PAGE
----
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    Fallacies - Academic and Research Writing

    This quiz discusses the different variations of fallacy and how they come into play in writing.


    Generalizations often stem from having insufficient evidence, but the most obvious characteristic of this misnomer is that one fallacy often breeds another.


    Which fallacy assumes that an exceptional case is typical, or assumes erroneous relations between individuals?


    Not knowing something is a good reason for investigating it, but ignorance is not good evidence to support a reason. Which type of fallacy is this?


    Absolute claims should rarely—if ever—be asserted (even if you believe very strongly in them) because one exception is all that is necessary to falsify an absolute claim. What is this called?


    Fill in the blank: __________ is when you claim that things fall into two or three categories, you should be positive that there can be no other. It is more often the case that there is some intermingling between the categories and some outlying data.


    Cause and effect are very hard to prove. Demonstrating that one event happened before another does not necessarily mean that the earlier one caused the latter. This is called:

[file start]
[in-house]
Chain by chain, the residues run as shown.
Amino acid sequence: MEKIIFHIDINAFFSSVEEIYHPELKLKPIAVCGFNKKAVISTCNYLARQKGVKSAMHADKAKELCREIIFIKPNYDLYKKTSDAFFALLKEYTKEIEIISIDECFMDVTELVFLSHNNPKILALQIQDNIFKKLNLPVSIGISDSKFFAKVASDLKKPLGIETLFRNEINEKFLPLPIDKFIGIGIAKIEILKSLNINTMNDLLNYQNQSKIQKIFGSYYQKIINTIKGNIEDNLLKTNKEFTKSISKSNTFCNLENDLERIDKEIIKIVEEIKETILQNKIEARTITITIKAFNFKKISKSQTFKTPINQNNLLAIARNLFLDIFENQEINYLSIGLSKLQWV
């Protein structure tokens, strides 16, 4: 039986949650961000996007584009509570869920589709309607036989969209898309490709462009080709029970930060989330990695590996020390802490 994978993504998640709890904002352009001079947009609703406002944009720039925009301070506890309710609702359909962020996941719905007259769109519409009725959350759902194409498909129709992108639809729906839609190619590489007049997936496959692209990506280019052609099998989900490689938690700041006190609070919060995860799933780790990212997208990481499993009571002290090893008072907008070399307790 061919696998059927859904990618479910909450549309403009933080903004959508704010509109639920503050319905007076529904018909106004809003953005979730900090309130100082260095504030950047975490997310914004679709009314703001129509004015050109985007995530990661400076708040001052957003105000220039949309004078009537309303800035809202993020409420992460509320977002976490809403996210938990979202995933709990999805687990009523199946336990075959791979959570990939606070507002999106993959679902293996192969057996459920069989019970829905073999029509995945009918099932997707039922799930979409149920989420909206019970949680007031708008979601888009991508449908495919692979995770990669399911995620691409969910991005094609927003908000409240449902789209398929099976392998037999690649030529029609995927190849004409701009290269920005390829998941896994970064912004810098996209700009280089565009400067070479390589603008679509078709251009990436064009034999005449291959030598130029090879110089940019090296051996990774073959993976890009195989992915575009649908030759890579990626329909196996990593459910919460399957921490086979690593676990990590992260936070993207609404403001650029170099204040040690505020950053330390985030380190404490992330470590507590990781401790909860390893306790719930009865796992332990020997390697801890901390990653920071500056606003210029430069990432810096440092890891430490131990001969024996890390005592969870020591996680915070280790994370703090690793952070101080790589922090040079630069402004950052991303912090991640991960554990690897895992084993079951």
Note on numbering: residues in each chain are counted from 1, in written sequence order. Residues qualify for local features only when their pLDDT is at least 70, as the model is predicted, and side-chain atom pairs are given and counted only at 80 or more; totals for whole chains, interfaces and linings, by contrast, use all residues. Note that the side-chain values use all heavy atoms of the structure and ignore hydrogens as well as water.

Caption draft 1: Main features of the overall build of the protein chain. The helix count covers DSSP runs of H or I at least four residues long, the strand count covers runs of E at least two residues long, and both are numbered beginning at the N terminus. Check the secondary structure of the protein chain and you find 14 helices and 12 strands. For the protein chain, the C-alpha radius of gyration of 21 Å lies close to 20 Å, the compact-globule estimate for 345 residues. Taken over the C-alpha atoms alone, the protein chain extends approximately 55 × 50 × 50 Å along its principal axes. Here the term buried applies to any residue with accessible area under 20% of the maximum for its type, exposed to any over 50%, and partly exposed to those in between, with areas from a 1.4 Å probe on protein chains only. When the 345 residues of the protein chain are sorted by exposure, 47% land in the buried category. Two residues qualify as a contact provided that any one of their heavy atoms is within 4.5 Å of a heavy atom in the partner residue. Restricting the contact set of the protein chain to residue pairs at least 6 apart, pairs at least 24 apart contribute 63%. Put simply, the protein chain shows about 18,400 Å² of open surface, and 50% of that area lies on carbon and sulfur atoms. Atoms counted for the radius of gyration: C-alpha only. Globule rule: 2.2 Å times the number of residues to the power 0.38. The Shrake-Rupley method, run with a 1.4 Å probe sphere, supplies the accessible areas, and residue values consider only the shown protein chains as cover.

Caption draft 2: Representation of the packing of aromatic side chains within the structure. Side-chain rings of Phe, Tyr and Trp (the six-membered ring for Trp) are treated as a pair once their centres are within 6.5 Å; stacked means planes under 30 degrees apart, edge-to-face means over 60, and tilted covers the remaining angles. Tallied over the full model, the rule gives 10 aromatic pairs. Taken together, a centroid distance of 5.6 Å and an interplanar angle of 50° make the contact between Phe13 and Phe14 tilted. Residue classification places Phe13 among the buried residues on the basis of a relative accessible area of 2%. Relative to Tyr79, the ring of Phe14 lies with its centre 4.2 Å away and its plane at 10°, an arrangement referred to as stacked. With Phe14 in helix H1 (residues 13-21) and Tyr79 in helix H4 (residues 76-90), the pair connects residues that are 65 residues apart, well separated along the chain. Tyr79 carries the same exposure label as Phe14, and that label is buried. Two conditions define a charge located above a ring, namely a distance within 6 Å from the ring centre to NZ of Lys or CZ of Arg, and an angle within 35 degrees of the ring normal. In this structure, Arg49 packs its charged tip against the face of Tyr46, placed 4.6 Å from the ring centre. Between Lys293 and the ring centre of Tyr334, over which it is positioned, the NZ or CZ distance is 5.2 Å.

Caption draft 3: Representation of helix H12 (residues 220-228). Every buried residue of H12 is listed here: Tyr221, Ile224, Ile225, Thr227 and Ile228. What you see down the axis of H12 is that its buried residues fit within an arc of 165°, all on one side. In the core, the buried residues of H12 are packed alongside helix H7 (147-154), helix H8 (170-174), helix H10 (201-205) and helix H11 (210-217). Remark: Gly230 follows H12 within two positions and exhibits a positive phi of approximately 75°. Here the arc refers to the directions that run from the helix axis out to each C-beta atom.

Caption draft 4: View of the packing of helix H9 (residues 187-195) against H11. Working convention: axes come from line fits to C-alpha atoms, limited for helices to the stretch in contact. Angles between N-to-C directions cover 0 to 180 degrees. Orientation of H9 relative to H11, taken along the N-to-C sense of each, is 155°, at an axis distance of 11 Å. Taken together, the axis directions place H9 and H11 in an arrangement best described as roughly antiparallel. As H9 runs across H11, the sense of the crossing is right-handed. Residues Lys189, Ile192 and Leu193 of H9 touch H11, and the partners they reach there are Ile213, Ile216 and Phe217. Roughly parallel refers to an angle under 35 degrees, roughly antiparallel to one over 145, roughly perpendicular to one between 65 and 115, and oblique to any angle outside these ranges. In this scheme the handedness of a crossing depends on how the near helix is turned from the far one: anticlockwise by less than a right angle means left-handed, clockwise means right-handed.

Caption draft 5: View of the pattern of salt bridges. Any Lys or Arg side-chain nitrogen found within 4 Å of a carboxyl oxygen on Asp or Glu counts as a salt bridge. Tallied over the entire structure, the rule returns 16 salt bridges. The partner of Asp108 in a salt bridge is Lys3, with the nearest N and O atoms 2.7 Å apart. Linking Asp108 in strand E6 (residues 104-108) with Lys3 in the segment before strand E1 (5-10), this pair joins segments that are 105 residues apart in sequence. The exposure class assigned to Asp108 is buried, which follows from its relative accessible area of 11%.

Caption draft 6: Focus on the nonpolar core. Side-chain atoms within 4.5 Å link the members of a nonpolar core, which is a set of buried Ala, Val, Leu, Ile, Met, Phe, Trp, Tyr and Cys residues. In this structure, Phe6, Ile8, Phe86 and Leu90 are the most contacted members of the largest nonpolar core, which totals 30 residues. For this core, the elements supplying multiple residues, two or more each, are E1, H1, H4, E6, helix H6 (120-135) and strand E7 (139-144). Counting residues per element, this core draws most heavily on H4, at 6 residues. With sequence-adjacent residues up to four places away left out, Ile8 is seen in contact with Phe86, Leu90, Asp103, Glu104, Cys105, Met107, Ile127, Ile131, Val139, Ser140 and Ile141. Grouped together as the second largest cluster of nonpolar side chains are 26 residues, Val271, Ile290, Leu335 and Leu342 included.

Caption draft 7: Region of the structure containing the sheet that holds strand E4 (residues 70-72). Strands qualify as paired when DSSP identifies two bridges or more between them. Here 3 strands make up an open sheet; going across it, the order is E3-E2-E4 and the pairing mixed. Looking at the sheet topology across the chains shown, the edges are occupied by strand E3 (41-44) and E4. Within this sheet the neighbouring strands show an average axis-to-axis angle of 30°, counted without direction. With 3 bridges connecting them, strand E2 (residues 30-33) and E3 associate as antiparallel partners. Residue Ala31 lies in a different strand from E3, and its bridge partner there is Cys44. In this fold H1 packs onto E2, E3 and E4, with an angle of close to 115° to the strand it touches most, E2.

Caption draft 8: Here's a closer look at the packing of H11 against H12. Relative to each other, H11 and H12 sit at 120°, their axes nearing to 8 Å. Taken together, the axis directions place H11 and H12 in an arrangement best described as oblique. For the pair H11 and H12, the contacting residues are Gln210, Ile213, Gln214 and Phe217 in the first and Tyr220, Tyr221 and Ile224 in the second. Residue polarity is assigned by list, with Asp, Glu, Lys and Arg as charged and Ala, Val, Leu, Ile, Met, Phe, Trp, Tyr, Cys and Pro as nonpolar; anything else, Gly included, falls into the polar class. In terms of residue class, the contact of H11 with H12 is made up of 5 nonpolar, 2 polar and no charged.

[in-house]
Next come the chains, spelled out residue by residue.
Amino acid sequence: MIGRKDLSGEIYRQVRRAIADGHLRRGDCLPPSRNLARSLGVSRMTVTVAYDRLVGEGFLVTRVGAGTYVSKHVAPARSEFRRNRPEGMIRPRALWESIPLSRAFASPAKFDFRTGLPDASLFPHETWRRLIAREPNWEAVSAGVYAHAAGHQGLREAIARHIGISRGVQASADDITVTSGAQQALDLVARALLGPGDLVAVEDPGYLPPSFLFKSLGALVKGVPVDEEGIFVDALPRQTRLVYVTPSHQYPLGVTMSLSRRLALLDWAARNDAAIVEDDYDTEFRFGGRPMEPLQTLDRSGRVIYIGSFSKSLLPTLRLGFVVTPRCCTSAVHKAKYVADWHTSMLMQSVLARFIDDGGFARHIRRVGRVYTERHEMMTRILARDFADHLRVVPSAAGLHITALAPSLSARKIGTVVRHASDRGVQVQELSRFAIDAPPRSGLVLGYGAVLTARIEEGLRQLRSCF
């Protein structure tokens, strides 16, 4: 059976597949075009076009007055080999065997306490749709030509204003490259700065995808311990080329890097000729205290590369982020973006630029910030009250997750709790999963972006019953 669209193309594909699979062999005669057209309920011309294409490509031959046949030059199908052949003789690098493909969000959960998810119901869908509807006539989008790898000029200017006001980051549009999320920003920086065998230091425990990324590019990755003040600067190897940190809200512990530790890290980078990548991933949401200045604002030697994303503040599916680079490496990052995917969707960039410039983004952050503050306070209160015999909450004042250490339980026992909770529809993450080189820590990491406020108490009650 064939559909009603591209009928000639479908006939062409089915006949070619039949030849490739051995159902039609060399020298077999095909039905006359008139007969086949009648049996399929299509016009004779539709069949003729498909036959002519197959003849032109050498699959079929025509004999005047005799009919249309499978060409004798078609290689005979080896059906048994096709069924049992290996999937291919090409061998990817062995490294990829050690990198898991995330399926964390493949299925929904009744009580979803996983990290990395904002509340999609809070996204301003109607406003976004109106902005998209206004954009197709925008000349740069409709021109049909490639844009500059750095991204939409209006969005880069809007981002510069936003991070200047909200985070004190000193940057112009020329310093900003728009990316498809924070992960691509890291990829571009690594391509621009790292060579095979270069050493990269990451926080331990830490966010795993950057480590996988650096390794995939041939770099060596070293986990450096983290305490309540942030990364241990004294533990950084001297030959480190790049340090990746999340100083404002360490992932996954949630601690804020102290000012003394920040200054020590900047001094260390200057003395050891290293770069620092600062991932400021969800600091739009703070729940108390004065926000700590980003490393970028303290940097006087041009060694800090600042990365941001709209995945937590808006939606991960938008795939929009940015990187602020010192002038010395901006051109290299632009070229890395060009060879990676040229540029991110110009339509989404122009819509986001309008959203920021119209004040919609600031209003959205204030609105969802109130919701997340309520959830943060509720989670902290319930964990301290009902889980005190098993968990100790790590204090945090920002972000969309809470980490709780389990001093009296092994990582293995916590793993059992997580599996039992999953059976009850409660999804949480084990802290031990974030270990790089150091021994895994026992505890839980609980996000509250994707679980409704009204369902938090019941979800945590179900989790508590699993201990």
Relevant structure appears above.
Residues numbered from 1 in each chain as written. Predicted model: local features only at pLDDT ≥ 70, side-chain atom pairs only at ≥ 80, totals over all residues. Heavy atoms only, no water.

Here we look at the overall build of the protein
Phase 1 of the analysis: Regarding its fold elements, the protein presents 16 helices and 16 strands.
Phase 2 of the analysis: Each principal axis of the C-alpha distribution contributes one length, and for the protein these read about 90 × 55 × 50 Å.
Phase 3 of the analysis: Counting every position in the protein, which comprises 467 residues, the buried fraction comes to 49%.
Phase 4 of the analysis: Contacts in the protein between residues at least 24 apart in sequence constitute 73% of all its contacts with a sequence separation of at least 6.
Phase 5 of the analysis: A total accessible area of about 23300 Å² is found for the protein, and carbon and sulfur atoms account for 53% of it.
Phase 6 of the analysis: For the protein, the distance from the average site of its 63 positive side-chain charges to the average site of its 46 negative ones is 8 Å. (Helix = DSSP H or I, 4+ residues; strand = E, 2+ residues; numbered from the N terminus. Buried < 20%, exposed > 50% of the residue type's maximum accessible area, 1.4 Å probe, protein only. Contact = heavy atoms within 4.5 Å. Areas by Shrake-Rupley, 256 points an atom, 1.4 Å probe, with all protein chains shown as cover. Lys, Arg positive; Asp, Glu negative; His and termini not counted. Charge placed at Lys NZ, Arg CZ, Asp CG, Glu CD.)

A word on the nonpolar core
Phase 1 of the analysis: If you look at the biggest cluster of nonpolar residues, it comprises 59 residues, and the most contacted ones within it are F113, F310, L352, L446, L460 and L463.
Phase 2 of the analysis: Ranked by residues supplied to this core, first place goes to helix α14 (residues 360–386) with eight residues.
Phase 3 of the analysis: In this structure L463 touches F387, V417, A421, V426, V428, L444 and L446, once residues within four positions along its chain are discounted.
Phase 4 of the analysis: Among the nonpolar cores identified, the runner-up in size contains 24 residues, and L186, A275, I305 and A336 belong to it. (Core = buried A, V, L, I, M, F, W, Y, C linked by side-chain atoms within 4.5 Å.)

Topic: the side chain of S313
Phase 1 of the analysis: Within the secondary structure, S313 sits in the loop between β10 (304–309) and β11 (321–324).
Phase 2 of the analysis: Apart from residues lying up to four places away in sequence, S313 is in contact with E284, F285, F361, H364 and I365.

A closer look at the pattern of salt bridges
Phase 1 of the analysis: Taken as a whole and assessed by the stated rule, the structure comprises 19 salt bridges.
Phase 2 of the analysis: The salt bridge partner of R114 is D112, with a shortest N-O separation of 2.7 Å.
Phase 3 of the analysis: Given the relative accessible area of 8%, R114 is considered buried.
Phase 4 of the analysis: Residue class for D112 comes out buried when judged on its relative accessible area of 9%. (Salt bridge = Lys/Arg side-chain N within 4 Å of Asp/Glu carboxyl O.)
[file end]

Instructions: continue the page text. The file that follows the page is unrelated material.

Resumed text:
Analogies are an important means for making an argument, particularly when there is little or no direct evidence to support a point, but they should not be the argument’s only support. Which method of fallacy relates best to this statement?


    False authority is when you use an authority to support your claim, you need to be sure that he or she has actual authority in that particular field. For example: A Nobel prize-winning biologist like James Watson is probably not an expert in economics or population dynamics.


    A person’s affiliation with a certain group (like a religion or a political party) does not necessarily mean that his conclusions are biased or untrue, although the affiliation might influence his thinking. This is called jumping on the bandwagon.


    Closely related to this fallacy is the ad hominem fallacy, in which a person’s ideas are discredited solely because of who he or she is or because of qualities the audience might find distasteful. This is called: